&ldquoHe&rsquos a very good photographer so his images are clear and the subjects he&rsquos featuring &mldr were people of all ethnicities, of all races and backgrounds,&rdquo said Aaron Ramirez, manager of special collections and museum services for the library district.

&ldquoHe captured different pockets of cultures and people through time.&rdquo

Muramoto, who owned De Luxe Studio at 1142 E. Evans Ave., photographed a wide range of subjects, from parades, picnics and friendly get-togethers to feats of strength and martial arts demonstrations.

Much of his work serves as a glimpse into Southern Colorado&rsquos past, showing landmarks like the Royal Gorge and Great Sand Dunes National Park and Preserve.

The exhibit, which can be seen online at, showcases his impressive body of work, from personal family photographs to professional studio portraits.

Muramoto was also an avid user of early home-movie cameras. The exhibit features seven 16mm film reels shot by Muramoto, showing scenes throughout Pueblo and Colorado, including rides at the Colorado State Fair and what was then a newly constructed exhibit, &ldquoMonkey Mountain,&rdquo at the Pueblo Zoo.

The library district was able to digitize Muramoto's original film strips through a grant from the National Film Preservation Foundation, and the films are featured in the exhibit.

&ldquoThe films have these intertitle cards that (Muramoto) created and then filmed. So kind of like you&rsquod see in the silent movies where they have an explanation of the following scene,&rdquo Ramirez said.

&ldquoHe created those and put them in between his home movies &mldr and then not only is it in English, it&rsquos also in Japanese text. And that was something that the National Preservation Film Foundation people had never seen before.&rdquo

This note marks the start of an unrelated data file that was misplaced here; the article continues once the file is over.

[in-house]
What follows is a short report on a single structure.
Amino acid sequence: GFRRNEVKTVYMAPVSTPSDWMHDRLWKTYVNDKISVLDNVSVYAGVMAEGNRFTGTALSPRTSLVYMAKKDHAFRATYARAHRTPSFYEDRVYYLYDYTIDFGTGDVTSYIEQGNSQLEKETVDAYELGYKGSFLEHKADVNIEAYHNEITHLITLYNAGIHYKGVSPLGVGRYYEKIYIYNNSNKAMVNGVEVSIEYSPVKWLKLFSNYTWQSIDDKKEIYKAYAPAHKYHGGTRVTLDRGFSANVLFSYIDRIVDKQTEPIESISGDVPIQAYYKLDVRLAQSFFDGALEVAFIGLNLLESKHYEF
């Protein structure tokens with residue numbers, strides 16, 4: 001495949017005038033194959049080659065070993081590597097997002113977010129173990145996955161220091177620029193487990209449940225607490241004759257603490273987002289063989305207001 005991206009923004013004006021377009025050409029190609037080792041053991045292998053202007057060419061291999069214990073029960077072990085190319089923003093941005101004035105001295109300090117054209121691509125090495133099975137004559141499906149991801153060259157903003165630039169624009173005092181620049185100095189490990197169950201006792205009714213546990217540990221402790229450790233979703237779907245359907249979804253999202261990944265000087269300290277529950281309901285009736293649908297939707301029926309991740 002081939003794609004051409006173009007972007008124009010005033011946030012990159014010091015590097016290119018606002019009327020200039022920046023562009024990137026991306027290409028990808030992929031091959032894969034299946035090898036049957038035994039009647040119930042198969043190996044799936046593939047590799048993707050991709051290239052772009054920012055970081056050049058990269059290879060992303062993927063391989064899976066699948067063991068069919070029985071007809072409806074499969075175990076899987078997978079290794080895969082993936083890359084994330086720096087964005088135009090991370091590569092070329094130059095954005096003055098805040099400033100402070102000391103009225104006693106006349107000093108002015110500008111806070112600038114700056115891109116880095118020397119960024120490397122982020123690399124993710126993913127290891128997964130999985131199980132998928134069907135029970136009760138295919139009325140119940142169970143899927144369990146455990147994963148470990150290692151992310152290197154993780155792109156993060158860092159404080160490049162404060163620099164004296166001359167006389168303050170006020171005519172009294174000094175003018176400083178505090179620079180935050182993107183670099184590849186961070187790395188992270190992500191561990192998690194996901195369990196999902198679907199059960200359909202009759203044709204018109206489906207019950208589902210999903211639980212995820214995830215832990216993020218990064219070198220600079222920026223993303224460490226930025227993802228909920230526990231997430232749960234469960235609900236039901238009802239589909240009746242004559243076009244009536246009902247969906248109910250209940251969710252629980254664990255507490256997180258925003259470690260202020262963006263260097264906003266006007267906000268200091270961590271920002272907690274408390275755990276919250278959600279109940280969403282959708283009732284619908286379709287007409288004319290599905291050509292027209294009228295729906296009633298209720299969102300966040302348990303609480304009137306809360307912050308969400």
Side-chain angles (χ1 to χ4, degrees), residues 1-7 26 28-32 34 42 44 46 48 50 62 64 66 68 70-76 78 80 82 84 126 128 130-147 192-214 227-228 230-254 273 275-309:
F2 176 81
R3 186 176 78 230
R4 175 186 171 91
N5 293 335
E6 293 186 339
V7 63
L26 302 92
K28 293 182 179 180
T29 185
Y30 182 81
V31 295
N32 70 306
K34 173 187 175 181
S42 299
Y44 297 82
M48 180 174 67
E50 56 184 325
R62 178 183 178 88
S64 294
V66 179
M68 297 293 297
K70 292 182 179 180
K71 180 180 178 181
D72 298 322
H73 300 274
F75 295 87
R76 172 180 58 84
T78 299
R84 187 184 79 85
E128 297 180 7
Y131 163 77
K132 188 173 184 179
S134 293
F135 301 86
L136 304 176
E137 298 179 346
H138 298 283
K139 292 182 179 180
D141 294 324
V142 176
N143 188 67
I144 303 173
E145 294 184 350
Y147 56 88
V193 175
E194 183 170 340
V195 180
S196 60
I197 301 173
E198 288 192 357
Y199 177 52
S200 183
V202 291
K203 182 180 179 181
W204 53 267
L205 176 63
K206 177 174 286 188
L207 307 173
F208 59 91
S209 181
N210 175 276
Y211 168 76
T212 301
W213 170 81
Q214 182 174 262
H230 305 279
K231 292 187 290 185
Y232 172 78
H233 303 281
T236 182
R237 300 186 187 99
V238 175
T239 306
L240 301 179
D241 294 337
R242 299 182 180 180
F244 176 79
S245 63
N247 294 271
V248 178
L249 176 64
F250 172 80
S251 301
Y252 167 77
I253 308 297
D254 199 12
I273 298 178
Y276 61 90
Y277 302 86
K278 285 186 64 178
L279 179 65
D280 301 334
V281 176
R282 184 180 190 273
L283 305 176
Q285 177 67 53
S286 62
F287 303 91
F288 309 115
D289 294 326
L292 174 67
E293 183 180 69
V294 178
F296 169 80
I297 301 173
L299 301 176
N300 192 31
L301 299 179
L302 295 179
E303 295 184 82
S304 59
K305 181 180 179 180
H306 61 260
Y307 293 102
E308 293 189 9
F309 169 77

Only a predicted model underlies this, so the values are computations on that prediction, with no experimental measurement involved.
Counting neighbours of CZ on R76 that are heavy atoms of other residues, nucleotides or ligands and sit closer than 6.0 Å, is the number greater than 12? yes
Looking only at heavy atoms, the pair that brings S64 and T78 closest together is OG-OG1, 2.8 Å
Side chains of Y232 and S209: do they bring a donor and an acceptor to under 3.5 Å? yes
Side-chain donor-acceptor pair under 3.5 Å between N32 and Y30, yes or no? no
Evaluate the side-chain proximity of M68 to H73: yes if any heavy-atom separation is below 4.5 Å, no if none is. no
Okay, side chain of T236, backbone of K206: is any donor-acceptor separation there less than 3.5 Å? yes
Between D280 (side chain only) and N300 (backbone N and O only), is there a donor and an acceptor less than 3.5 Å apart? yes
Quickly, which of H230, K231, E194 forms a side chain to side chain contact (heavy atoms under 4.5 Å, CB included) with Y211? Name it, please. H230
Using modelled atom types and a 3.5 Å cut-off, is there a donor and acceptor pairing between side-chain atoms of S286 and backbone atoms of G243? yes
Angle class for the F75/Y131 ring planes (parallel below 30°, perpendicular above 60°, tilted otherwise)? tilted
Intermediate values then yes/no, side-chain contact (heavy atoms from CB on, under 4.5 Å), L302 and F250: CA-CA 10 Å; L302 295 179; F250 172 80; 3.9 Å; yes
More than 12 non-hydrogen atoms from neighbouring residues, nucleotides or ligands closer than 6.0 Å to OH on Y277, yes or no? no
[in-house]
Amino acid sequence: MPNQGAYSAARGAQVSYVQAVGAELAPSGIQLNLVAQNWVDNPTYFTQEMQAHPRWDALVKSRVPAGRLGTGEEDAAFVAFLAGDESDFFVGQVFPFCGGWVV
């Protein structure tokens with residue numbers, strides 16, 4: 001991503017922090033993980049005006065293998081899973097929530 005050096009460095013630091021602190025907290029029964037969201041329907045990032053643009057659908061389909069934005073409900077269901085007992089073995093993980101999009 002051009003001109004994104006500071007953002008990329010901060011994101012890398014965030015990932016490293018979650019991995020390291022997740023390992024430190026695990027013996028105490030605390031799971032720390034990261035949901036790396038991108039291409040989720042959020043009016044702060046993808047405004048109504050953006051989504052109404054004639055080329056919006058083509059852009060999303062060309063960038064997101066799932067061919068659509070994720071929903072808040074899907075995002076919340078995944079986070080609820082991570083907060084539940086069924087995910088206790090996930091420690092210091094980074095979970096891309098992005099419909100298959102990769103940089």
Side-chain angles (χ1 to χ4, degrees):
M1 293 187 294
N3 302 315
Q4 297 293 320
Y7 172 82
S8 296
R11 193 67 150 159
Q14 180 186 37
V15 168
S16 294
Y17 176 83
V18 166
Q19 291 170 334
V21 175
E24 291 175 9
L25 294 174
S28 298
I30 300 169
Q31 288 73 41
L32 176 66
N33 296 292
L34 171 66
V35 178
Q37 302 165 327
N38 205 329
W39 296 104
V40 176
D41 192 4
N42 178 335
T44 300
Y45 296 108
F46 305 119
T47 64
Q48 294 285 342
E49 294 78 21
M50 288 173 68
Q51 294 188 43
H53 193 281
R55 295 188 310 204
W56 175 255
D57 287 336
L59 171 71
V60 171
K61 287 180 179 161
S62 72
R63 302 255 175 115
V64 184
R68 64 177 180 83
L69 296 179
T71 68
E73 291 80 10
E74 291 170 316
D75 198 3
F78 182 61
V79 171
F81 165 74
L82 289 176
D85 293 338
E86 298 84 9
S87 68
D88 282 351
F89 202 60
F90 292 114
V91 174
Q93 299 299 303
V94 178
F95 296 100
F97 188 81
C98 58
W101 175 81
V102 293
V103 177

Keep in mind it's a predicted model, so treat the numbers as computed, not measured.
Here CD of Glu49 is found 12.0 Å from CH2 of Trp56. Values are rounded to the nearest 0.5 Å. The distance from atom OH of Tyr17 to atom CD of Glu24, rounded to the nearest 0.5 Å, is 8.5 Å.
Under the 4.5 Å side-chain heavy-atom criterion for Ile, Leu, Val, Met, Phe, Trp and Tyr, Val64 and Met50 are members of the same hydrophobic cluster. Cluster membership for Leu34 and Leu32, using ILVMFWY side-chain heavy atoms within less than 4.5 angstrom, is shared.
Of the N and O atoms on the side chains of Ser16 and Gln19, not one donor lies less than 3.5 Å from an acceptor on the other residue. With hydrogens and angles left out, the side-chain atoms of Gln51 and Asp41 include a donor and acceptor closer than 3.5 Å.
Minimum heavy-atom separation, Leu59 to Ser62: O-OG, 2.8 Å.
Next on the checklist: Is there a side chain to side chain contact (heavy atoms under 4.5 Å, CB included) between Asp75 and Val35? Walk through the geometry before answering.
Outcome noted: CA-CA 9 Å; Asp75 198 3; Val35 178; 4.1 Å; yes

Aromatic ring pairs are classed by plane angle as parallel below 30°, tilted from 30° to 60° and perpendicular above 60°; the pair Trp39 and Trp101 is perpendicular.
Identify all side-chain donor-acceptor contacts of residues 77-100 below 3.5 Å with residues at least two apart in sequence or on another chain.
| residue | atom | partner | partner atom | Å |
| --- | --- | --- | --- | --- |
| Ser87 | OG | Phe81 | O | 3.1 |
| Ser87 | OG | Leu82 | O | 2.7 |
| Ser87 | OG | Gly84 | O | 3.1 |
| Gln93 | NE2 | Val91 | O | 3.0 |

Ramirez said Muramoto produced color films in the late 1930s that serve &ldquoas an example of early consumer color-film footage.&rdquo

The exhibit also examines the migration of Japanese immigrants into the United States and Pueblo.

Ramirez said the exhibit will be featured online indefinitely and noted the library district has obtained some of Muramoto&rsquos portrait work and is developing a future exhibit.

&ldquoWe&rsquore planning on creating a physical exhibit of those portraits that really showcases the diverse subjects,&rdquo Ramirez said.

&ldquoIt shows newlyweds, children doing their confirmations, baptisms and families getting that special family photo there in his studio. So that should be coming later this year, closer to summer.&rdquo

The USS Pueblo Incident — Assassins in Seoul, A Spy Ship Captured

January of 1968 saw two of the most serious incidents to occur on the Korean peninsula since the end of the Korean War. Skirmishes had become common along the demilitarized zone since 1967, but none were more brazen than the attempt by North Korean commandos to assassinate President of South Korea Park Chung-hee the night of January 21. An elite North Korean unit successfully crossed the DMZ and came within 100 meters of the Blue House, the president’s official residence, before being thwarted by South Korean security forces.

The failure of this mission may have prompted the North Koreans to seize the American naval intelligence ship, the USS Pueblo, on January 23. While collecting signals intelligence in international waters near the North Korean coast, the ship was attacked and captured, with one crew member killed and the rest taken hostage. The North Koreans claimed the ship had violated their territorial waters, an accusation which the United States vehemently denied. Diplomatic efforts to free the hostages dragged on for eleven months, until they were repatriated on December 23, 1968. The tensions that arose from these two incidents nearly sparked another major armed conflict on the peninsula and strained relations between the U.S. and South Korea.

Richard A. Ericson was the Political Counselor in Seoul at the time he was interviewed by ADST’s Charles Stuart Kennedy beginning in 1995.

Blue House Raid: North Korea’s Attempt to Assassinate the President of South Korea